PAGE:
## Friday, March 20, 2015

### Math Links for Week Ending March 20nd, 2015

Last week I pointed out a blog post from @d_martin5 about assessing without percents. This week it was pointed out that he was featured on CBC radio where he talks more specifically about this idea. Thanks to Michael Leiff for this one. Listen below
Curriculum Tags: All

I learned about a new blog Math = Love from a few different people this week. It's part of this NPR story that is part of their series on the best 50 teachers in the US. Listen at the link below. And you can see a sample of what she has on her blog with the following posts
Curriculum Tags: Gr7, Gr8, MPM1D, MFM2P
http://www.npr.org/blogs/ed/2015/03/09/376596585/the-teacher-who-believes-math-equals-love

The first one is an I Have, Who Has game that is dealing with concept of connecting words to expressions. If you don't know about these types of game, the premiss is that everyone has a card with a question and an answer. One student asks their question and the student who has the answer claims it and asks their question. This continues until you come back to the first person.
Curriculum Tags: Gr7, Gr8
http://mathequalslove.blogspot.ca/2015/03/trying-out-i-havewho-has-for-first-time.html

In this activity there is a nice mix of using dice, Desmos, foldables and portable whiteboards to look at properties of lines. This takes the tediousness out of just graphing lines.
Curriculum Tags: MPM1D, MFM2P
http://mathequalslove.blogspot.ca/2015/02/rolling-dice-for-point-slope-form-and.html

And finally an interactive notebook (INB) on slope.
Curriculum Tags: MPM1D, MFM2P
http://mathequalslove.blogspot.ca/2015/02/finding-and-interpreting-slope-inb-pages.html

A couple of of related activities from the Making Math Meaningful blog. Related in that they both use Smarties as the catalyst. The first takes the idea of ratios, rate and linear relations to predict the price of a large box of Smarties. The second one is trying to estimate the amount of air within a Smartie box.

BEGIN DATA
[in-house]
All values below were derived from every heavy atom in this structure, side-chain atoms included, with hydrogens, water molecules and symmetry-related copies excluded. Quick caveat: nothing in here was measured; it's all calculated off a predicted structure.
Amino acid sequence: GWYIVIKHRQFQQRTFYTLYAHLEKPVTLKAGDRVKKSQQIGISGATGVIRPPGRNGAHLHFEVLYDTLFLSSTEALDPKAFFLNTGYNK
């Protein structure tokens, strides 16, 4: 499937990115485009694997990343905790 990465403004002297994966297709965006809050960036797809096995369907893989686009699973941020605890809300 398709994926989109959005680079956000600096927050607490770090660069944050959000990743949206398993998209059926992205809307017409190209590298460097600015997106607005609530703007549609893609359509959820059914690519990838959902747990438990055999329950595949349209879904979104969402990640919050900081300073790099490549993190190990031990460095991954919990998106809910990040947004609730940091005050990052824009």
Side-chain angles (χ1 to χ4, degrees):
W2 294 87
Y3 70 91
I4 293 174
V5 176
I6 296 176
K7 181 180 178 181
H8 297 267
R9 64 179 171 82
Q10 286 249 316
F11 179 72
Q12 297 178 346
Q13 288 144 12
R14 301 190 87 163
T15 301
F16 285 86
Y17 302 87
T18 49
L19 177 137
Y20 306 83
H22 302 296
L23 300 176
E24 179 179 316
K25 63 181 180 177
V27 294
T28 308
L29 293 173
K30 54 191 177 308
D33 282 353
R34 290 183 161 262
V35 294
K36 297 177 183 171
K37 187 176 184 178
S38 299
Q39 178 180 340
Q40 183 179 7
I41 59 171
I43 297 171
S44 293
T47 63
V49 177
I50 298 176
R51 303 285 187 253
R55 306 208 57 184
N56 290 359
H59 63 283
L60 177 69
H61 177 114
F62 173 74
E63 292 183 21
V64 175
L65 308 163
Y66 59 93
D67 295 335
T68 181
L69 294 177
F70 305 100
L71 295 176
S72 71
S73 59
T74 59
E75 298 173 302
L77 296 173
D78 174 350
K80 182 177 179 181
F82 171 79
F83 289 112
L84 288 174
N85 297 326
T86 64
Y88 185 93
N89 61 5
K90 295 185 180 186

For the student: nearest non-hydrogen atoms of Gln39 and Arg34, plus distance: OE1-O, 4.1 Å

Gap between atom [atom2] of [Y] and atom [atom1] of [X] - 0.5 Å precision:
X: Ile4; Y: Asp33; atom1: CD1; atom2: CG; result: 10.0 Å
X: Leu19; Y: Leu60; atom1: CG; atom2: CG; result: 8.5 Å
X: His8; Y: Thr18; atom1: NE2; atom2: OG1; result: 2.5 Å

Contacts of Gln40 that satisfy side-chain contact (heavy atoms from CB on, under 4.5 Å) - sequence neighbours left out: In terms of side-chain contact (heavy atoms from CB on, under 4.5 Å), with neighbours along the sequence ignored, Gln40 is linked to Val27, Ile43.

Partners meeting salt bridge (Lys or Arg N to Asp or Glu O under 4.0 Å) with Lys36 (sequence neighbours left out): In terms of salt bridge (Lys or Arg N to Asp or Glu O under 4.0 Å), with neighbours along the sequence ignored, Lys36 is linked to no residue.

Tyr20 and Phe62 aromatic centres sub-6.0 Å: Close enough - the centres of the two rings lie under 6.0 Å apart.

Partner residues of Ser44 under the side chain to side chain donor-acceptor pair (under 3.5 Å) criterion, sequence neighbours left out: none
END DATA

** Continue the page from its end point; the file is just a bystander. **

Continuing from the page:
Curriculum Tags: MPM1D, MFM1P
http://marybourassa.blogspot.ca/2015/02/smarties-part-i.html
http://marybourassa.blogspot.ca/2015/02/smarties-part-ii.html

A couple dealing with making algebra meaningful from Jon Orr. The first one does it by connecting the idea of adding and subtracting polynomials and multiplying polynomials.... with Dora! In this 3Act task we use Dora as a unit of measure to simulate a polynomial.
Curriculum Tags: MPM1D, MFM1P
http://mrorr-isageek.com/?p=3811

In grade 12 Data Management we have to talk about probability distributions and when we do that we talk about Bernoulli Trials. That is, given the probability of failure for any individual experiment, what is the probability of failure after n experiments. That being said, it is always good to have real examples to go with mathematical concepts so here is some data on hard and flash drive failures (something that many of us have experienced first hand).
2013 study by cloud storage company BackBlaze looked at 25 thousand drives and found that around 5 percent failed during the first year and a half, most likely due to manufacturing defects. They were then largely stable until the fourth year, when the failure rate rose to 11.8 percent. 74 percent of drives lasted beyond the fourth year.
Curriculum Tags: MDM4U
http://www.makeuseof.com/tag/hard-drives-ssds-flash-drives-how-long-will-your-storage-media-last/

There has been a lot in the media as of late about the song Blurred Lines being a rip off of a Marvin Gaye song. So that being said, from Wired Magazine comes the attempt at answering the question "How many songs are there?" That is, given the finite number of sounds that can be produced and the number of ways those sounds could be arranged, how many different ways could you do that. Combinatorics and Wired to the rescue. Take a look here
Curriculum Tags: MDM4U
http://www.wired.com/2015/03/many-different-songs-can/

I have shown links about the Monty Hall problem before. I like this one because it highlights how the female columnist that made it popular was correct in her analysis yet all the professors who attacked her were wrong.
Curriculum Tags: MDM4U
http://priceonomics.com/the-time-everyone-corrected-the-worlds-smartest/

The second one from Jon Orr is also about simplifying polynomials and it's based on this Mad TV skit. Totally great application of algebra (and a funny skit). Check out the entire activity here
Curriculum Tags: MPM1D, MFM1P
http://mrorr-isageek.com/?p=3790

You have all seen TED talks but you may not know there is also the TED Radio Hour. This is a radio show that picks a theme and then highlights several TED talks on that theme with interviews with the TED speakers. Recently they had a radio hour on math called Solve for X. In it they covered topics as diverse as why we use x as our main variable in algebra to the mathematics of drumming and love. See the full video of the mathematics of love below and click on the link to hear the entire radio show
Curriculum Tags: All